But it's also conceivable that Abbott could have raised expectations for the state's restart to a higher level than they will actually turn out to be in light of the fact that Abbott offered the reopening preview in a series of radio interviews that were conducted before President Donald Trump expressed his disapproval with the fast-track plan that Georgia had ready to go on Friday.

Republican leaders like Abbott could see Trump's tossing of Georgia Governor Brian Kemp under the coronavirus bus as a signal to take it slower than some had been hoping with the revival of an economy that medical experts fear some states are rushing with plans that will spark an upsurge in COVID-19 cases and deaths.

Abbott has caught considerable heat from hardline conservatives who've been demanding an immediate reopening on the grounds that their constitutional rights have been trampled by government leaders who've overreacted to a disease that the media has hyped as a way to help Democrats.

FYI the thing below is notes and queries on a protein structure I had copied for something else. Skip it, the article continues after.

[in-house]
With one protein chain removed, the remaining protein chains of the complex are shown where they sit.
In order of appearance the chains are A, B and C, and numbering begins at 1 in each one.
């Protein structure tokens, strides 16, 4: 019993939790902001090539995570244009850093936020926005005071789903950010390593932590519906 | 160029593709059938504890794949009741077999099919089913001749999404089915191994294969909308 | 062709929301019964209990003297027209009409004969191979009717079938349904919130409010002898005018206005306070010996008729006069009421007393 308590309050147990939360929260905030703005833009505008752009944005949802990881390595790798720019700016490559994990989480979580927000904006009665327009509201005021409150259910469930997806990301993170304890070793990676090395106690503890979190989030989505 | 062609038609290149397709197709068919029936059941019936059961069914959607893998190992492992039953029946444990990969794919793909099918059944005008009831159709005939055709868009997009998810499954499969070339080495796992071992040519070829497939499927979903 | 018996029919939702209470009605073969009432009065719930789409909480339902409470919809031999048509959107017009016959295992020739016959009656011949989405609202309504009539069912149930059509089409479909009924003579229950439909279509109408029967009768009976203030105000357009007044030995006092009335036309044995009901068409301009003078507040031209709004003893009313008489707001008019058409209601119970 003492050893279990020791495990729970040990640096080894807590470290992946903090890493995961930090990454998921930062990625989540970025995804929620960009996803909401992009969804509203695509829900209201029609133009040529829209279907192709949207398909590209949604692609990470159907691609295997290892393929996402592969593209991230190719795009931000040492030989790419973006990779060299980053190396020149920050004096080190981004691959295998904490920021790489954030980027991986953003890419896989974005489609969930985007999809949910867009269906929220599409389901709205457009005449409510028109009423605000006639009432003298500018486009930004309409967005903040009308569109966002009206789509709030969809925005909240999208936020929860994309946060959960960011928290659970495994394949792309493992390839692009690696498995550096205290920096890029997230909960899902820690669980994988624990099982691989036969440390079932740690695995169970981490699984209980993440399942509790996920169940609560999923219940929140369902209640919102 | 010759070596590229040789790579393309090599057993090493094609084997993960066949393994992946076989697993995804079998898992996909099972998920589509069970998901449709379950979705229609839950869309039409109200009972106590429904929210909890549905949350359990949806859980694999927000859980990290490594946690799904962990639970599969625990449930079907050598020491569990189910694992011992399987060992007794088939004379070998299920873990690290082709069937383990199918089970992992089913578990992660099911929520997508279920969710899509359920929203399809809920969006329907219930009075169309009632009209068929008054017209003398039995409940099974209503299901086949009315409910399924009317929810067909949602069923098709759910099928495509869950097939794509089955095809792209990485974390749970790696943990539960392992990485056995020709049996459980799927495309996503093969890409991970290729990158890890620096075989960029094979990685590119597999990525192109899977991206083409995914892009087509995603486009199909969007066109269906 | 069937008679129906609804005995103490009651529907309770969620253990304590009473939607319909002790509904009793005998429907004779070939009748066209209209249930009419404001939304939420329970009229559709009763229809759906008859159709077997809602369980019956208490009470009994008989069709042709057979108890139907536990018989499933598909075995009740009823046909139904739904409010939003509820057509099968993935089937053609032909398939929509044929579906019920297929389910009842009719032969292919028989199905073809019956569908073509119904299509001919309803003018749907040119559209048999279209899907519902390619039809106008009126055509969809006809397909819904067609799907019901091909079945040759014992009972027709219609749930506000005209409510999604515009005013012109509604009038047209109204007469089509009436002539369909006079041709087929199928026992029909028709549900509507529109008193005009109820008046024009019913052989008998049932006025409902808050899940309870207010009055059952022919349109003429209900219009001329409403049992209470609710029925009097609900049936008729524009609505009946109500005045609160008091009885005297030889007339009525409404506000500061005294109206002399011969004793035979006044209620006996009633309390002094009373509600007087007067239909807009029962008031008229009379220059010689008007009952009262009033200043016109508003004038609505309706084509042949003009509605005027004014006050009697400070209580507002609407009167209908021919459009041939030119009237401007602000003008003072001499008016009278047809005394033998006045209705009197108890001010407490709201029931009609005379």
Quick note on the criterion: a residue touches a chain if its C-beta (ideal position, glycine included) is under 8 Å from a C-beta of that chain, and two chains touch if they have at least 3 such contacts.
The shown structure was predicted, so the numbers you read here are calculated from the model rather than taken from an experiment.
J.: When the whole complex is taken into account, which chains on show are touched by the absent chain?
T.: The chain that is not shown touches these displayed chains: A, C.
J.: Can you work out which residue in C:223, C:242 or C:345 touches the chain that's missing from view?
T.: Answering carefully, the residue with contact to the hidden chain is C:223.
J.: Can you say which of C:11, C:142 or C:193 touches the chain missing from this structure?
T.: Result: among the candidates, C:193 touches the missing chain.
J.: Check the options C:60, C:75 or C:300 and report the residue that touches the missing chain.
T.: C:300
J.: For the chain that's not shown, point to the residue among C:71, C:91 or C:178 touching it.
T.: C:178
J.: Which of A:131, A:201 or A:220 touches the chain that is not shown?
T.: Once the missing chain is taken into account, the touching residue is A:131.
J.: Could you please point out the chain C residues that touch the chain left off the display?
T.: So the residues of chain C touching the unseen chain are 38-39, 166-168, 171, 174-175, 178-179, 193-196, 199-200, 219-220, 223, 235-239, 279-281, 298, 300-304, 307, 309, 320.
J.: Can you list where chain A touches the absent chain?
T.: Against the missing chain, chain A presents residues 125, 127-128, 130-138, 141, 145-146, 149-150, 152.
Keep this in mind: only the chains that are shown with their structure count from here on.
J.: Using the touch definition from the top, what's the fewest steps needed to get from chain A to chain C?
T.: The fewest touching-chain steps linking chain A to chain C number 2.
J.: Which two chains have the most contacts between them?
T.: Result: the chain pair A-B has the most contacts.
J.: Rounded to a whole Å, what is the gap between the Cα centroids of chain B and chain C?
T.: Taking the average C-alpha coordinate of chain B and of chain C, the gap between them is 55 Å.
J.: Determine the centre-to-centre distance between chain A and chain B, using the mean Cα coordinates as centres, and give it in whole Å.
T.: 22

The Texas reopening comes at a time when estimates on the virus spread and death peak here have fluctuated wildly. An elite team of coronavirus trackers at the Health Metrics and Evaluations Institute at the University of Washington have warned that Texas wouldn't be ready to start easing lockdowns safely before June 8 on the condition that the state had an effective containment strategy in place.

While the researchers at the public university in Seattle estimate that the virus death toll in Texas hit a high point two days ago, a separate group of scientists at the University of Texas in Austin have revised a forecast that they'd brightened last week. The UT Coronavirus Modeling Consortium estimated on Sunday there to be a 51 percent chance that the fatality count has peaked.